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Lean Impact by Eric Ries, Ann Mei Chang

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Chapter TenSystems Change

Many of our society’s greatest challenges cannot be solved sustainably at scale by any single organization or intervention. At some point, even the best solutions can run into a wall of existing policy and market failures – where neither government or business is meeting the needs of certain disadvantaged populations. If we stay true to our goal and the problem we have chosen, in some cases we’ll need to change the system itself.

So, where does that leave a social entrepreneur? Innovation is still essential. A nonprofit or social enterprise is in a unique position to demonstrate to governments and the business community the impact and viability of a particular course of action. Once a new approach is de‐risked and shown to be feasible, it becomes a far smaller leap for others to take. For example, a new intervention may prove to save government money in the long run, perhaps by preventing health issues, poverty, or crime. Or, businesses might open their eyes to new revenue opportunities they had overlooked, perceived as too risky, or didn’t see sufficient upside to explore.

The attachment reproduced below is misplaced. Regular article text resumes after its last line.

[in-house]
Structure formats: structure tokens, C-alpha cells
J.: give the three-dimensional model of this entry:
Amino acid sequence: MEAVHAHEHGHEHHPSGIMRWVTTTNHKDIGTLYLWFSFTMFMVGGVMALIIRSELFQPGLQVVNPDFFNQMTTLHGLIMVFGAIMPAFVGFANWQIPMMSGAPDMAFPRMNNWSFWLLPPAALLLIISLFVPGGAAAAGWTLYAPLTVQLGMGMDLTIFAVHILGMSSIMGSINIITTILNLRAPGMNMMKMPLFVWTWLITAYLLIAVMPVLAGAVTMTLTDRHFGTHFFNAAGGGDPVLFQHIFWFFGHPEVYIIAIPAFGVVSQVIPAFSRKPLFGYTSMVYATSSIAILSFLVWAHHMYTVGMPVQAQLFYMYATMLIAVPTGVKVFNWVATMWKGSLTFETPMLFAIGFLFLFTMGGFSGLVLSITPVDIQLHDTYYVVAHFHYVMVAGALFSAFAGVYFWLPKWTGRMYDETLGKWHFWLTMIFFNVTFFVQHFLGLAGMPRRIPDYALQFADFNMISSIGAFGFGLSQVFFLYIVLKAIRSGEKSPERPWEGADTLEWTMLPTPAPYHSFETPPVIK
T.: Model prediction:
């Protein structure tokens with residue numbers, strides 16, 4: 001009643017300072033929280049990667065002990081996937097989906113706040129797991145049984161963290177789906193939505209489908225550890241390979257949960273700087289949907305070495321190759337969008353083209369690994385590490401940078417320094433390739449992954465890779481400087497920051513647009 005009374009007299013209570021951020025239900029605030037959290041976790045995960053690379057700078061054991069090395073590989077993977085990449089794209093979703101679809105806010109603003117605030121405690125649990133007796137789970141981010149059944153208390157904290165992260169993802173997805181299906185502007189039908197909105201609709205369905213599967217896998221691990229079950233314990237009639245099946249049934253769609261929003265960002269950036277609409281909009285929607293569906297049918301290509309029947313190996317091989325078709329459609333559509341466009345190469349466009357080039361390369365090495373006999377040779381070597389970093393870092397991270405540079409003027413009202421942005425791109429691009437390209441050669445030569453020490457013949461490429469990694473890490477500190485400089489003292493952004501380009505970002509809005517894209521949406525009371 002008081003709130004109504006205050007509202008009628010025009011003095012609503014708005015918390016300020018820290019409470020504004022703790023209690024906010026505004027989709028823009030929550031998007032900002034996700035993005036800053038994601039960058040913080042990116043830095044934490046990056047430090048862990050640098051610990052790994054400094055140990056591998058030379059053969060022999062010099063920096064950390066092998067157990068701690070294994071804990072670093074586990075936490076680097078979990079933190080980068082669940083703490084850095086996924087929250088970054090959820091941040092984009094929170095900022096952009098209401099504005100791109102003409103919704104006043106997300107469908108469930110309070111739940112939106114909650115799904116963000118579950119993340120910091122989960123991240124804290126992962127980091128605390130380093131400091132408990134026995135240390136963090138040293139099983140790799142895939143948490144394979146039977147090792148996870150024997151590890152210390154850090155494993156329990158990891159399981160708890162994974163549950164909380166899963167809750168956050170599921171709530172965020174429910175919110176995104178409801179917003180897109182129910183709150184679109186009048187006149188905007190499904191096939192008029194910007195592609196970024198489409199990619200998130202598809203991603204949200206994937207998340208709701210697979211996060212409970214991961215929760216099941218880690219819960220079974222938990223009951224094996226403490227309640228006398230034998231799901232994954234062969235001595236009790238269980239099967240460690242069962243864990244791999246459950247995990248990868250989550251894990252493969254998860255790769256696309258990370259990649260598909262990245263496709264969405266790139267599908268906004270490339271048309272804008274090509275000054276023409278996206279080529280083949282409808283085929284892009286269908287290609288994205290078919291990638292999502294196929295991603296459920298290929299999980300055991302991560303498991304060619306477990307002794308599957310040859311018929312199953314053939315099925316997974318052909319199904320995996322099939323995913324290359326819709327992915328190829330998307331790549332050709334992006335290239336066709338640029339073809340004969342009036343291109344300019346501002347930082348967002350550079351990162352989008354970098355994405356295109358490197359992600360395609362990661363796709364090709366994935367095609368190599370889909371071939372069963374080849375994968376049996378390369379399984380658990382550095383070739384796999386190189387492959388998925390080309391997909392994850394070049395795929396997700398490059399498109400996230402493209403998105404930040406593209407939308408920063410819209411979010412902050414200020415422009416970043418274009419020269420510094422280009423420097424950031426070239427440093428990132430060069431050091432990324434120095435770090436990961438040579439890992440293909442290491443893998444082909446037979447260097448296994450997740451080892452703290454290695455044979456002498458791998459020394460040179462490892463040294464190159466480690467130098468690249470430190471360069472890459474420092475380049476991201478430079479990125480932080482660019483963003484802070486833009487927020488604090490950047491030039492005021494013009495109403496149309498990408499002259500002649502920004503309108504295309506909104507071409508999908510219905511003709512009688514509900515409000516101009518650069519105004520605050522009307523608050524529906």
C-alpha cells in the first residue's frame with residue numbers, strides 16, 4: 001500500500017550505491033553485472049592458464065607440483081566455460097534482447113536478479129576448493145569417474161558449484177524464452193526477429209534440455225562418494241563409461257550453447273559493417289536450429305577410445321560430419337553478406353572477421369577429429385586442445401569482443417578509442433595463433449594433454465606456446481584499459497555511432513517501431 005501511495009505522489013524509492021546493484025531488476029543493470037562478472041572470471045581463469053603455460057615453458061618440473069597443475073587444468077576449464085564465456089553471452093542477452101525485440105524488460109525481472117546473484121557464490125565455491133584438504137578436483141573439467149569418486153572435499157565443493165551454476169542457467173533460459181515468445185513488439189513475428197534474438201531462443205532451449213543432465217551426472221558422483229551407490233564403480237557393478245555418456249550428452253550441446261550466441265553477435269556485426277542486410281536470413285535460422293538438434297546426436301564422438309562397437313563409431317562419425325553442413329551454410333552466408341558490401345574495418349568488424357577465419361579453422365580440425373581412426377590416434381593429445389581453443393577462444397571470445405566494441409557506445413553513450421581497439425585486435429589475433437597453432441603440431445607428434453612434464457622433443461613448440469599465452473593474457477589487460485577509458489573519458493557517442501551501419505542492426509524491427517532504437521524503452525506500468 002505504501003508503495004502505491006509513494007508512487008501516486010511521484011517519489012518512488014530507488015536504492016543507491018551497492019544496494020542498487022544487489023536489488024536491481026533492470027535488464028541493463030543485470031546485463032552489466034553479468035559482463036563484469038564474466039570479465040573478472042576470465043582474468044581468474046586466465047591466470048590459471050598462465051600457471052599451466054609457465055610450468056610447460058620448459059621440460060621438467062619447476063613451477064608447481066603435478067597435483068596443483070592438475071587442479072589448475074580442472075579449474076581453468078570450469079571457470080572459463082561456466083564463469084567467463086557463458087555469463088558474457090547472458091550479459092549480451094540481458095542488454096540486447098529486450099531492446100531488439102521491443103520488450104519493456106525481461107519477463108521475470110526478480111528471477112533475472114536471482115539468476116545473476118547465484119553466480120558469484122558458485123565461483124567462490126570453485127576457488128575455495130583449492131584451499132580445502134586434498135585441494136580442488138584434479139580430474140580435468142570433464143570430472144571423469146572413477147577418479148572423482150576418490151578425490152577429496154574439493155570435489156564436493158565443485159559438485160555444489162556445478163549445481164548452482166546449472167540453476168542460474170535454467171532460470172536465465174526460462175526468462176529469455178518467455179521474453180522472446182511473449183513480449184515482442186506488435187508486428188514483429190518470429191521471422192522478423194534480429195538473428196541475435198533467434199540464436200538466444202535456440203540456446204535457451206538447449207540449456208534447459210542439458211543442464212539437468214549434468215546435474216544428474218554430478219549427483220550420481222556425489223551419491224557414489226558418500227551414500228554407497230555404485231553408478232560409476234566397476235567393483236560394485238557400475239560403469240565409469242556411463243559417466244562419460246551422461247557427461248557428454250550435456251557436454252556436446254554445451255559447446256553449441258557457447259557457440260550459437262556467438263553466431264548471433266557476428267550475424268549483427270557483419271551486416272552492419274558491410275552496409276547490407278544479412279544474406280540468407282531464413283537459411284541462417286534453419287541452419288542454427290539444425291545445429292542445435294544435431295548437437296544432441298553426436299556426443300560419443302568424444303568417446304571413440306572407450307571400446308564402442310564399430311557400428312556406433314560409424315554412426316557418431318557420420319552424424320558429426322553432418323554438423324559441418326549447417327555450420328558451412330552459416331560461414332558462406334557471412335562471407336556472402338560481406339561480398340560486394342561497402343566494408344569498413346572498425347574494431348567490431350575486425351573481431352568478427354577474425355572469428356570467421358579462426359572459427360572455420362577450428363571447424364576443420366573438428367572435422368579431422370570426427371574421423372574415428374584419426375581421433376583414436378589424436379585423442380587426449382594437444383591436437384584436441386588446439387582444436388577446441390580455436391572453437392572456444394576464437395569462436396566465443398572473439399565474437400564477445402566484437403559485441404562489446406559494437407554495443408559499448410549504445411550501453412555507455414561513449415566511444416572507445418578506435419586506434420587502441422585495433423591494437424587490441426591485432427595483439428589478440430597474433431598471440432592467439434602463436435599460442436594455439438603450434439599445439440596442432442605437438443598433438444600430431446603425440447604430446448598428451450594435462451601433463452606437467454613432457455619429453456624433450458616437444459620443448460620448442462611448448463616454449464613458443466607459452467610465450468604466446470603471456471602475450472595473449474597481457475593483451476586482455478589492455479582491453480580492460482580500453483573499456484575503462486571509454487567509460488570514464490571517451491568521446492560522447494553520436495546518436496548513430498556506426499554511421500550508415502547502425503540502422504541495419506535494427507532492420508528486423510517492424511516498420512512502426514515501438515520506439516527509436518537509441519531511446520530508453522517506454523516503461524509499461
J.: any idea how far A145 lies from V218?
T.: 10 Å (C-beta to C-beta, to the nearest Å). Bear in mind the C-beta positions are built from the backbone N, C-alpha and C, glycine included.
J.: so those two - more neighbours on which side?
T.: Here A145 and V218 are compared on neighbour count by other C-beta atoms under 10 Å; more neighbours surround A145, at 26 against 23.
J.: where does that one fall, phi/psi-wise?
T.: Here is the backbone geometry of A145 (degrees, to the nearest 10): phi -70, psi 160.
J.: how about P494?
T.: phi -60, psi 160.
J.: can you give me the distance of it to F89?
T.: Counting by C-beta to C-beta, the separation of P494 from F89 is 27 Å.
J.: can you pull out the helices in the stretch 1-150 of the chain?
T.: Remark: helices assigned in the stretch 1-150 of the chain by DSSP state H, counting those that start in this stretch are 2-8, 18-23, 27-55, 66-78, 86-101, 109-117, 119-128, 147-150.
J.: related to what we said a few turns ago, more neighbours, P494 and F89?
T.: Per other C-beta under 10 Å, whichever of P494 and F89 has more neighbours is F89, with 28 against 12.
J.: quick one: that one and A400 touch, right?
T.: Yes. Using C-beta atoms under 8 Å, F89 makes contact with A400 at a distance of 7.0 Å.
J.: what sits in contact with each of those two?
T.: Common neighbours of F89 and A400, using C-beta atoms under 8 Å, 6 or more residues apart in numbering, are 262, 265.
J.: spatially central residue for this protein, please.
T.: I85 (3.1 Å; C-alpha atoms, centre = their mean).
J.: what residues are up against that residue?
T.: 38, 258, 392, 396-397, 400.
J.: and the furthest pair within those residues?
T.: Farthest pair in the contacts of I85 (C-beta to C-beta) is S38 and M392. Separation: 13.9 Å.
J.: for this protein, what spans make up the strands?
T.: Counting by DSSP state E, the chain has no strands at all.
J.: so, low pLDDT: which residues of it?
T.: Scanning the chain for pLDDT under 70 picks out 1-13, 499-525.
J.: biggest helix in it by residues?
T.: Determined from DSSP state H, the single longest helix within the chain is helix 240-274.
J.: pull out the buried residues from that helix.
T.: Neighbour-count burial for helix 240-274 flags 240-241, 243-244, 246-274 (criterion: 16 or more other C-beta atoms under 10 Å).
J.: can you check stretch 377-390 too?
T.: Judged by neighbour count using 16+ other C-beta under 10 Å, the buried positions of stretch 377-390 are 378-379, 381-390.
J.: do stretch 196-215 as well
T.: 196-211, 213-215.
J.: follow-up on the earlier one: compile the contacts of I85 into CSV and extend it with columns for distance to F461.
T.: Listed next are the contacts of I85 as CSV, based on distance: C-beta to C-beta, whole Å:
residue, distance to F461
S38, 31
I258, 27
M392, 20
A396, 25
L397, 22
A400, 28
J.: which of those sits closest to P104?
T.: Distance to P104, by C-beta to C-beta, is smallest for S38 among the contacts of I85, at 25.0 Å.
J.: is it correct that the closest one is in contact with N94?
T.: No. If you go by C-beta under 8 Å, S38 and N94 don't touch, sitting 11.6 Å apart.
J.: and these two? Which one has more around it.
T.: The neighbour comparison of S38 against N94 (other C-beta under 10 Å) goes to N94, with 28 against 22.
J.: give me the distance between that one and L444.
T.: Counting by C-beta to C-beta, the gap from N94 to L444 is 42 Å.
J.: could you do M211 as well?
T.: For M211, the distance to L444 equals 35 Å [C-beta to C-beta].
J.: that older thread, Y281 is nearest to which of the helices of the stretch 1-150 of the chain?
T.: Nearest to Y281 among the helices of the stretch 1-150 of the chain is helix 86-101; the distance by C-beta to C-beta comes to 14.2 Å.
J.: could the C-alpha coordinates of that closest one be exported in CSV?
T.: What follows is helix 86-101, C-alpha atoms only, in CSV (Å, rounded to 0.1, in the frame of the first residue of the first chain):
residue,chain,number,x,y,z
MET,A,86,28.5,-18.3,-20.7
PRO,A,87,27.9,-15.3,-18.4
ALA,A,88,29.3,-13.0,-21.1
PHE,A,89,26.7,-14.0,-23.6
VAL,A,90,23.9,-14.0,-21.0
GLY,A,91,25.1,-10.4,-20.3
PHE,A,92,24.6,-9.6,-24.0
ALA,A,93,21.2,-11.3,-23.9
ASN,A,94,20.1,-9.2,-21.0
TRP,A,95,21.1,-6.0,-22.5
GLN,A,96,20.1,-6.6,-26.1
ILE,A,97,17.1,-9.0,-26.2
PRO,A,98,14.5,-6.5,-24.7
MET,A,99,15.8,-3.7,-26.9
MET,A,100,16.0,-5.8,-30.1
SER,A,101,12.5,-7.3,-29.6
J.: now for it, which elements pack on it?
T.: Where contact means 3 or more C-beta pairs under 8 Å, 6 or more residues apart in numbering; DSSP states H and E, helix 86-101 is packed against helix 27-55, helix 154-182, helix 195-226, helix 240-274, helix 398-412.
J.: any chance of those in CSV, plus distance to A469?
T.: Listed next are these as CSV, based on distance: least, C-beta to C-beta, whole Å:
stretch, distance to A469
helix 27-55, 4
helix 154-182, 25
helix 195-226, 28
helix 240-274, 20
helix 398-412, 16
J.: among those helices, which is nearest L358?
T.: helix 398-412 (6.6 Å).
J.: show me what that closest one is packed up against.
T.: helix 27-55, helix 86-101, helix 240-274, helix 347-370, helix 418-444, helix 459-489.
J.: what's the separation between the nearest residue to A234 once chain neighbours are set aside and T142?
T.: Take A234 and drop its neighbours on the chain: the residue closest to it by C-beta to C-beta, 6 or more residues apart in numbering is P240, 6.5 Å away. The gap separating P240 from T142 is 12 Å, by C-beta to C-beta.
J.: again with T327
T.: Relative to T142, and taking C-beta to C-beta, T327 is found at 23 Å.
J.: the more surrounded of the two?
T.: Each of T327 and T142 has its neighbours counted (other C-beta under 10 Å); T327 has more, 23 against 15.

The Skoll Foundation, a longtime advocate for social entrepreneurship, is among the leading thinkers who have made the shift to a systems mindset. It has come to appreciate the inherent limits of scaling individual organizations. As a result, its focus has expanded beyond the enterprise to embrace the so‐called systems entrepreneurs who are taking on the challenge of shifting social ...

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